The maximum circulation zone is from x/D=0.1 to 0.6 and the minimum circulation zone is from x/D=0.6 to 1.2. On the other hand, the corresponding axial circulation variation using k-ω model indicates that the maximum and minimum circulation zones of k-ω is very similar to k-ε except the magnitude of peak circulation for the k-ω model is about 5% larger than the peak circulation obtained using the k-ε model. Investigating the counter rotating vortices (CVP) for three jets show that, further downstream, the existence of three pairs of CVP; one pair for each jet; for both models. However, with the k-ℇ model, the CVPs are larger and oriented toward the tube wall. Both models predict that there are regions of high temperature near the wall downstream of where the two jets mix. Higher mixing is observed with the k-ꞷ model. Increased vorticity near the tube mid-section is seen as the mechanism for higher mixing and spread of the cold fluid into the crossflow and further cooling near the tube wall. Furthermore, since the LES is an unsteady Lagrangian method and provides the transient characteristics of the large eddy structure, the LES results were tracked at different time steps. Variations of where the maximum and minimum mixing zones were identified by four different methods. The first method was assessment of mixing enhancement using circulation at different locations downstream. The LES results indicate that the maximum circulation zone extends from the immediate wake of the jets to about x/D=0.35, whereas the minimum circulation zone extends to almost x/D=0.95. The second method was by identifying the constant density zones, and therefore uniform flow zones downstream which is the sign of enhanced mixing. The plots of percent differences in density and temperature versus x/D identified the zones where density becomes nearly constant. The results indicated that at x/D=4.5 nearly constant density was achieved and assumed to be the beginning of well-mixed zone. The third method was by

identifying the mixing enhancement zones using image processing and method of Spatial Unmixedness. This technique provides a measure of unmixedness based on the variance of the concentration distribution which is defined as “spatial unmixedness, Us “. Having an Us = 0 corresponds to a perfectly mixed system, and Us= 1 indicates a perfectly segregated system. The results indicated that at x/D = 0 which is at the mid-section of injecting jets; the mixing process starts and the spatial unmixedness value is equal to 1, indicating there was no mixing. At about x/D=0.35 the unmixedness value approaches about 0.08 with a very steep slope which means from x/D=0 to x/D=0.35 the mixing process is occurring rapidly. From about x/D=0.35 to 5D the unmixedness value approaches zero with a slope of about 0.02 indicating the start of a relatively fully mixed zone which could typically extend from 5D to further downstream locations. The fourth method was by analyzing the orientation of the counter rotating vortex pairs (CVPs) at different x/Ds in order to identify the center position of the CVPs as well as their extended boundary with respect to the tube’s wall. The quantified results from the three jets show that the CVPs are about 0.30D closer to the core flow centerline using RANS with the k-ꞷ model as compared to the corresponding results using the k-ℇ model. The results of the LES for the two jets at the solution time of 0.01245 s and time step of 1239 which corresponded to the end of the simulation, revealed that the CVPs are apparent at 0.25D where they have been oriented very close to the core-flow centerline. The outer boundary of these vortices was about 0.17D closer to the centerline. This indicated more mixing has taken place around the centerline, as compare to the wall side. In pursuit of visualizing the Lagrangian particle tracking and further investigate the mixing characteristics of the gaseous and liquid nitrogen, a single particle of one-micron laden carbon has been injected into one jet in the two-jet configuration, using the LES. Via the use of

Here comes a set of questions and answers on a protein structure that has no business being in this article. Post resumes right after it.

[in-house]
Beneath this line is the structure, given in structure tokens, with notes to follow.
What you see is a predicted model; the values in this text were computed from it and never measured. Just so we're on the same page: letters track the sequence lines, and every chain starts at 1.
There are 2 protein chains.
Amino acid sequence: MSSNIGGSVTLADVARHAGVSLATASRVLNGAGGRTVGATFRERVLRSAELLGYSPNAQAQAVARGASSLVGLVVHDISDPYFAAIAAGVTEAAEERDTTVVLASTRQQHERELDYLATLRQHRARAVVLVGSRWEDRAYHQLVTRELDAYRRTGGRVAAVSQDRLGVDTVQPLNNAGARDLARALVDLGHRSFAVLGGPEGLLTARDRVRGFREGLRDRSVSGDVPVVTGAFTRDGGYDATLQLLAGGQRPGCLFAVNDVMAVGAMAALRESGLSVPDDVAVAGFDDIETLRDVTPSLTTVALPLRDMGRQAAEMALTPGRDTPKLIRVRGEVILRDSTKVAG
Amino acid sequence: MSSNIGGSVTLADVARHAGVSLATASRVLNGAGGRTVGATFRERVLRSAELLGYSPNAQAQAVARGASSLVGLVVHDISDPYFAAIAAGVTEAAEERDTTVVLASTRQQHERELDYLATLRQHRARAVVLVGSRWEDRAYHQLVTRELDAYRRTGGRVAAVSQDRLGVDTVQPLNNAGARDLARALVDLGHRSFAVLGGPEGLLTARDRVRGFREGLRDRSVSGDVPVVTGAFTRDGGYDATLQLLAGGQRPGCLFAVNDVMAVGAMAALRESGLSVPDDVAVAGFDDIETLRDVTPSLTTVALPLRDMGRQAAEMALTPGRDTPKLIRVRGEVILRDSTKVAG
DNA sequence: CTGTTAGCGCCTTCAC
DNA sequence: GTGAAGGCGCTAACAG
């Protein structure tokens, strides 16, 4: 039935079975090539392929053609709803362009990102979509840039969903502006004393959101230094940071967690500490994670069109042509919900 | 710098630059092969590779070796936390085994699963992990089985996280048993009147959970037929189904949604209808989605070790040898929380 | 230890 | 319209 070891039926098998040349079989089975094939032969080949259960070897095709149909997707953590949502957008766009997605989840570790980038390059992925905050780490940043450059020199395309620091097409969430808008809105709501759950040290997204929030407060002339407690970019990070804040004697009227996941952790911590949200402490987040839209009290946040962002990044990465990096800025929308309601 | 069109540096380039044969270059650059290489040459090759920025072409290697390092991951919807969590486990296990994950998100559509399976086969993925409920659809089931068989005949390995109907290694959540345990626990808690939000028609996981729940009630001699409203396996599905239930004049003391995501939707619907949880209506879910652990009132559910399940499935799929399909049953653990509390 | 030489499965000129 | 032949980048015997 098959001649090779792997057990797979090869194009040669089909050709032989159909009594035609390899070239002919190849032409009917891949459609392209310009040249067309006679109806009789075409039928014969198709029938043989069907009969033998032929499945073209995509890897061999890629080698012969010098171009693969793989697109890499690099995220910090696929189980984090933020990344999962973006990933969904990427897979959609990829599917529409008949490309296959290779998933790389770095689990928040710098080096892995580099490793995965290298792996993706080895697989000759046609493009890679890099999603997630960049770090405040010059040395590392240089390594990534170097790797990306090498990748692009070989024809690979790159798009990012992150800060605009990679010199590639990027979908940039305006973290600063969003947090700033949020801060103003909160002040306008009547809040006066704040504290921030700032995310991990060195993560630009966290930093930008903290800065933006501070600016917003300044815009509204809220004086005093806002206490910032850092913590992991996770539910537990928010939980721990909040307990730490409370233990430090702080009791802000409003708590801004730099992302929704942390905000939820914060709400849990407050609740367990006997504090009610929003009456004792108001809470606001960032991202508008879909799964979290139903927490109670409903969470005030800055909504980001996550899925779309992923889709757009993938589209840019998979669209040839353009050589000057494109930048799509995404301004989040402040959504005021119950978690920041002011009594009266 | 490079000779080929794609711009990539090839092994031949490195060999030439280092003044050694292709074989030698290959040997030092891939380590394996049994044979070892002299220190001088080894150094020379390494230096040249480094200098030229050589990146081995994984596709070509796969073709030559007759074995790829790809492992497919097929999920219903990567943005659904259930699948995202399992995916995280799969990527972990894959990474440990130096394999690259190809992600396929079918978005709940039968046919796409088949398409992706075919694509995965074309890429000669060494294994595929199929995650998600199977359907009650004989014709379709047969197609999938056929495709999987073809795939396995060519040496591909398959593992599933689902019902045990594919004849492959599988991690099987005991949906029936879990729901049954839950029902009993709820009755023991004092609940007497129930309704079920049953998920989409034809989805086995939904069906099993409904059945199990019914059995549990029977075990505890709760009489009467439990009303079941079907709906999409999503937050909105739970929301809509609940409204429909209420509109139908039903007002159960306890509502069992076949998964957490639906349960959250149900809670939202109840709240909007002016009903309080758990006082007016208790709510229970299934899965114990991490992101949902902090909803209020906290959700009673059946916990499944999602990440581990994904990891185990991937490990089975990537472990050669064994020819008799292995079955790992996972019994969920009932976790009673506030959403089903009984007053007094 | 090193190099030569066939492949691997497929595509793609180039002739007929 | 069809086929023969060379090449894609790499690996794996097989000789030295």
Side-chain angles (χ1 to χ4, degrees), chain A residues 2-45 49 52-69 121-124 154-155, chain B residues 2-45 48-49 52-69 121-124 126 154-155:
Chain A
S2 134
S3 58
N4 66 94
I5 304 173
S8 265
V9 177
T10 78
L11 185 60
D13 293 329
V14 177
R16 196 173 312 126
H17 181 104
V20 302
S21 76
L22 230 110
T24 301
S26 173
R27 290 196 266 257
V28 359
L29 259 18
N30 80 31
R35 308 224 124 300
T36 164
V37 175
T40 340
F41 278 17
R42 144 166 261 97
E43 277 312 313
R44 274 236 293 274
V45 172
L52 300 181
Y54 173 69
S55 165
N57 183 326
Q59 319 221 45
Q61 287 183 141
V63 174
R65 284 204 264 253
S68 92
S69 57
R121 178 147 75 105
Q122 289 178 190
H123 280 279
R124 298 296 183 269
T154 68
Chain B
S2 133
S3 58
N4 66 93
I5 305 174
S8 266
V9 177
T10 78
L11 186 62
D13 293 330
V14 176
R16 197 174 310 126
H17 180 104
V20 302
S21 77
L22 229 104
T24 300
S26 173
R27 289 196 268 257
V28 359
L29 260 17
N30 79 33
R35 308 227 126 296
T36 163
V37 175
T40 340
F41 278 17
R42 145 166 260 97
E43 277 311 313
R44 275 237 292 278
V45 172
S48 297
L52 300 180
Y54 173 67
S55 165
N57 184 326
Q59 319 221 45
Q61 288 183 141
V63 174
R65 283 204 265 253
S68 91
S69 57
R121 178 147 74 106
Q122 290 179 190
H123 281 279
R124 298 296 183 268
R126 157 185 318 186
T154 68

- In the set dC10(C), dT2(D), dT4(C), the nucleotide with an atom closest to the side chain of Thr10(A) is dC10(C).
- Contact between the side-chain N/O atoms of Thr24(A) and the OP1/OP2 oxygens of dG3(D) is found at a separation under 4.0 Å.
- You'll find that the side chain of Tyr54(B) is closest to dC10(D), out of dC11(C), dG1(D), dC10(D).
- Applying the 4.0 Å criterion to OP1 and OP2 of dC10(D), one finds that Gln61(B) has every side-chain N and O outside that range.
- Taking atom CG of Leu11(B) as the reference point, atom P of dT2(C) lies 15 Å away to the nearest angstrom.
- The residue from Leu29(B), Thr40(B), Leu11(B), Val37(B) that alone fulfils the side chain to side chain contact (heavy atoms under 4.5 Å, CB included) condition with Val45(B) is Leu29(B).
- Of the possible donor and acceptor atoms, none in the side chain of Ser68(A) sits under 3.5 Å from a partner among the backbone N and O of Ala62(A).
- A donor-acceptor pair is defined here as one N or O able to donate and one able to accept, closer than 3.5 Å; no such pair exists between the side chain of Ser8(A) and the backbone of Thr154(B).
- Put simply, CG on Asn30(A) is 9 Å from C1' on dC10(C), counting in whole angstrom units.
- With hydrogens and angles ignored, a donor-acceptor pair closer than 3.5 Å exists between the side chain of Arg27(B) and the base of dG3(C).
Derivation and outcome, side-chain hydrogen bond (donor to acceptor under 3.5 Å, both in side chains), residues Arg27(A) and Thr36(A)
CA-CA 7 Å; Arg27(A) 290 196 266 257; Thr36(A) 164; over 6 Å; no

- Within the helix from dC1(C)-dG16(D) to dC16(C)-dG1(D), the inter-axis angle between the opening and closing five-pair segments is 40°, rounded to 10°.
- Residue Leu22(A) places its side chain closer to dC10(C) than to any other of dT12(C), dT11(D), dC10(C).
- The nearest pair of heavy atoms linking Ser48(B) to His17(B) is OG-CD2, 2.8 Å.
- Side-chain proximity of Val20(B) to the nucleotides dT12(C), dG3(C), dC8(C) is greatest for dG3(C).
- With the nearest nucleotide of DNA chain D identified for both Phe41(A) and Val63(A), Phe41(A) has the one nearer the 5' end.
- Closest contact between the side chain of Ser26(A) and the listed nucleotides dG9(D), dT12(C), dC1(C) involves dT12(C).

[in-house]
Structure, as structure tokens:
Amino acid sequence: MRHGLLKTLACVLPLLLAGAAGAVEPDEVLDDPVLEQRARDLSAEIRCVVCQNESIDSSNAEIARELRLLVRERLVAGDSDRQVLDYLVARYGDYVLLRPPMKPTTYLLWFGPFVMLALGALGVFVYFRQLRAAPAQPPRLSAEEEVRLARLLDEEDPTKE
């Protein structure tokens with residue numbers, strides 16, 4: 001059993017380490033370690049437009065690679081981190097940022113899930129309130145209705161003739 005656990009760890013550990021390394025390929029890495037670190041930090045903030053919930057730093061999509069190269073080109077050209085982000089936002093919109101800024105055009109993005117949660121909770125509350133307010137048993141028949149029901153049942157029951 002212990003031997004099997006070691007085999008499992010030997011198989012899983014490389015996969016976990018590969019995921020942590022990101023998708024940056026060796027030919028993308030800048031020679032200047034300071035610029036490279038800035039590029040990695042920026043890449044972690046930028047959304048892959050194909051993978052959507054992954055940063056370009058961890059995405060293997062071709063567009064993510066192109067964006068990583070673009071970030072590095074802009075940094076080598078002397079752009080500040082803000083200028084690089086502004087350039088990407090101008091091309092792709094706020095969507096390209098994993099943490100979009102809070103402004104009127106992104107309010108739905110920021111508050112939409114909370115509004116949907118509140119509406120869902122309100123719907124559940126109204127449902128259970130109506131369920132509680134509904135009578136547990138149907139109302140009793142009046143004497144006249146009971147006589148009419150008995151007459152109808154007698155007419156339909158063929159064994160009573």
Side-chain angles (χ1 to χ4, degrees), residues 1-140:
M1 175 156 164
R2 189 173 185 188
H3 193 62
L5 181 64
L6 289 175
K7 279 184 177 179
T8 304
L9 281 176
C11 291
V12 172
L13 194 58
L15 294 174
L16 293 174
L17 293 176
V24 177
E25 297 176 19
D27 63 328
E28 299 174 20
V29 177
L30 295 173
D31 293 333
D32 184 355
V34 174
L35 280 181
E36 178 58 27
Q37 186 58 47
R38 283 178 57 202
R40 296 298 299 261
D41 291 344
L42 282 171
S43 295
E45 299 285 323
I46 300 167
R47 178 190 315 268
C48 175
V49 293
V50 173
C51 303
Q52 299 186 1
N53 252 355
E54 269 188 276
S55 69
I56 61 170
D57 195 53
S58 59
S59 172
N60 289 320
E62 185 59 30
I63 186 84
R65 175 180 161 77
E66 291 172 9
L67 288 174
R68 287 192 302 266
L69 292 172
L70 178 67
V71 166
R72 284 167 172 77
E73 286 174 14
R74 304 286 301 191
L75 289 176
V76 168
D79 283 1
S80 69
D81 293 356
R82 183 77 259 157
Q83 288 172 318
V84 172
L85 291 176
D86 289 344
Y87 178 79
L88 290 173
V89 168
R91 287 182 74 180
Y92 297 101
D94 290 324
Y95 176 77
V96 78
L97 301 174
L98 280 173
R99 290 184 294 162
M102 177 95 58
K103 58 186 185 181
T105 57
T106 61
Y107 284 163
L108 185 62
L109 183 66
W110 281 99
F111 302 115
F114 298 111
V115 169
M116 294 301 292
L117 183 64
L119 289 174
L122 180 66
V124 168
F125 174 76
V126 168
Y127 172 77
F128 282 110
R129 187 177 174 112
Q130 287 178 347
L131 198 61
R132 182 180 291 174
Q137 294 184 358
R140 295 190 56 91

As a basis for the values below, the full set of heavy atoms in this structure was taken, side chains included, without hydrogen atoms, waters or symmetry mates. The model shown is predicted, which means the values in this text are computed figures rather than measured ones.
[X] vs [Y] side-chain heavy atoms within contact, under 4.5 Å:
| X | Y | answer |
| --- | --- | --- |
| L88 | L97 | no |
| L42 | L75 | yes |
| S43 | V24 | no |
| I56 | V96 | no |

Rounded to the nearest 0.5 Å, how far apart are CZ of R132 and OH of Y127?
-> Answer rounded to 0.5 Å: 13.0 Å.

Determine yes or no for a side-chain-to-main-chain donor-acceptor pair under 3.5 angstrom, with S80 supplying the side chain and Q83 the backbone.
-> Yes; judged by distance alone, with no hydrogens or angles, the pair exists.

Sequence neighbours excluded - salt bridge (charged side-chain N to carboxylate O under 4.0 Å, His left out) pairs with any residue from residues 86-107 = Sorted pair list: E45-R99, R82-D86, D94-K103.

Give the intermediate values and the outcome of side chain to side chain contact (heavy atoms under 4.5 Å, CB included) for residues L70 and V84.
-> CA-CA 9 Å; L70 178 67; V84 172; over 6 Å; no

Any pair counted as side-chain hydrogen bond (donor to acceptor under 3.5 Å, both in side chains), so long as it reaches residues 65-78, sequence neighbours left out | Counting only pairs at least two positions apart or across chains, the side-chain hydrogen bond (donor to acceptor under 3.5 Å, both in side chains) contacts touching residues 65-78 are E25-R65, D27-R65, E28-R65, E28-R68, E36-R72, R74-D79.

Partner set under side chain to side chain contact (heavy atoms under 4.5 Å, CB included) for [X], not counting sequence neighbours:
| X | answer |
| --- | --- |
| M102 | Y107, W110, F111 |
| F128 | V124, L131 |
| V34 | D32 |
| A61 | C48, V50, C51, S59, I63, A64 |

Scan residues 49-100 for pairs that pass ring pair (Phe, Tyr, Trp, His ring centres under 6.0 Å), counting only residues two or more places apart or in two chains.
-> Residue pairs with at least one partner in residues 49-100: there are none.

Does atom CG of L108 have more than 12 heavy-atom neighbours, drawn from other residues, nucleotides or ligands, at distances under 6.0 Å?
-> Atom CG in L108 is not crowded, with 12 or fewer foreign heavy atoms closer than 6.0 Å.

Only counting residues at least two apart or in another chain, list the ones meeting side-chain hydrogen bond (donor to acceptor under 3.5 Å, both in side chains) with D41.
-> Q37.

history feature of the StarCCM+ software, the path and position of the injected particle from the injection time until t=0.0014 s has been tracked. This segment of the solutions reveals the effect of the initial interaction of the gaseous and liquid nitrogen on the injected particle’s path. Once the particle enters into the core flow in a straight path, its velocity increases due to the influence of higher velocity of the core-flow. At about 0.2D along -y axis, the acting force of the core-flow causes the particle to tilt in the direction of the core-flow along the x axis towards the centerline and due to increasing axial velocity, the particle’s velocity magnitude decreases. The slip velocity of the particle in this segment is about 2 m/s which is the difference between the particle’s velocity magnitude and the flow velocity magnitude. Once the particle reaches the centerline of the core-flow, it aligns itself with the centerline. Further downstream The motion of the particle is aligned with trajectory of the CVP as they evolve downstream.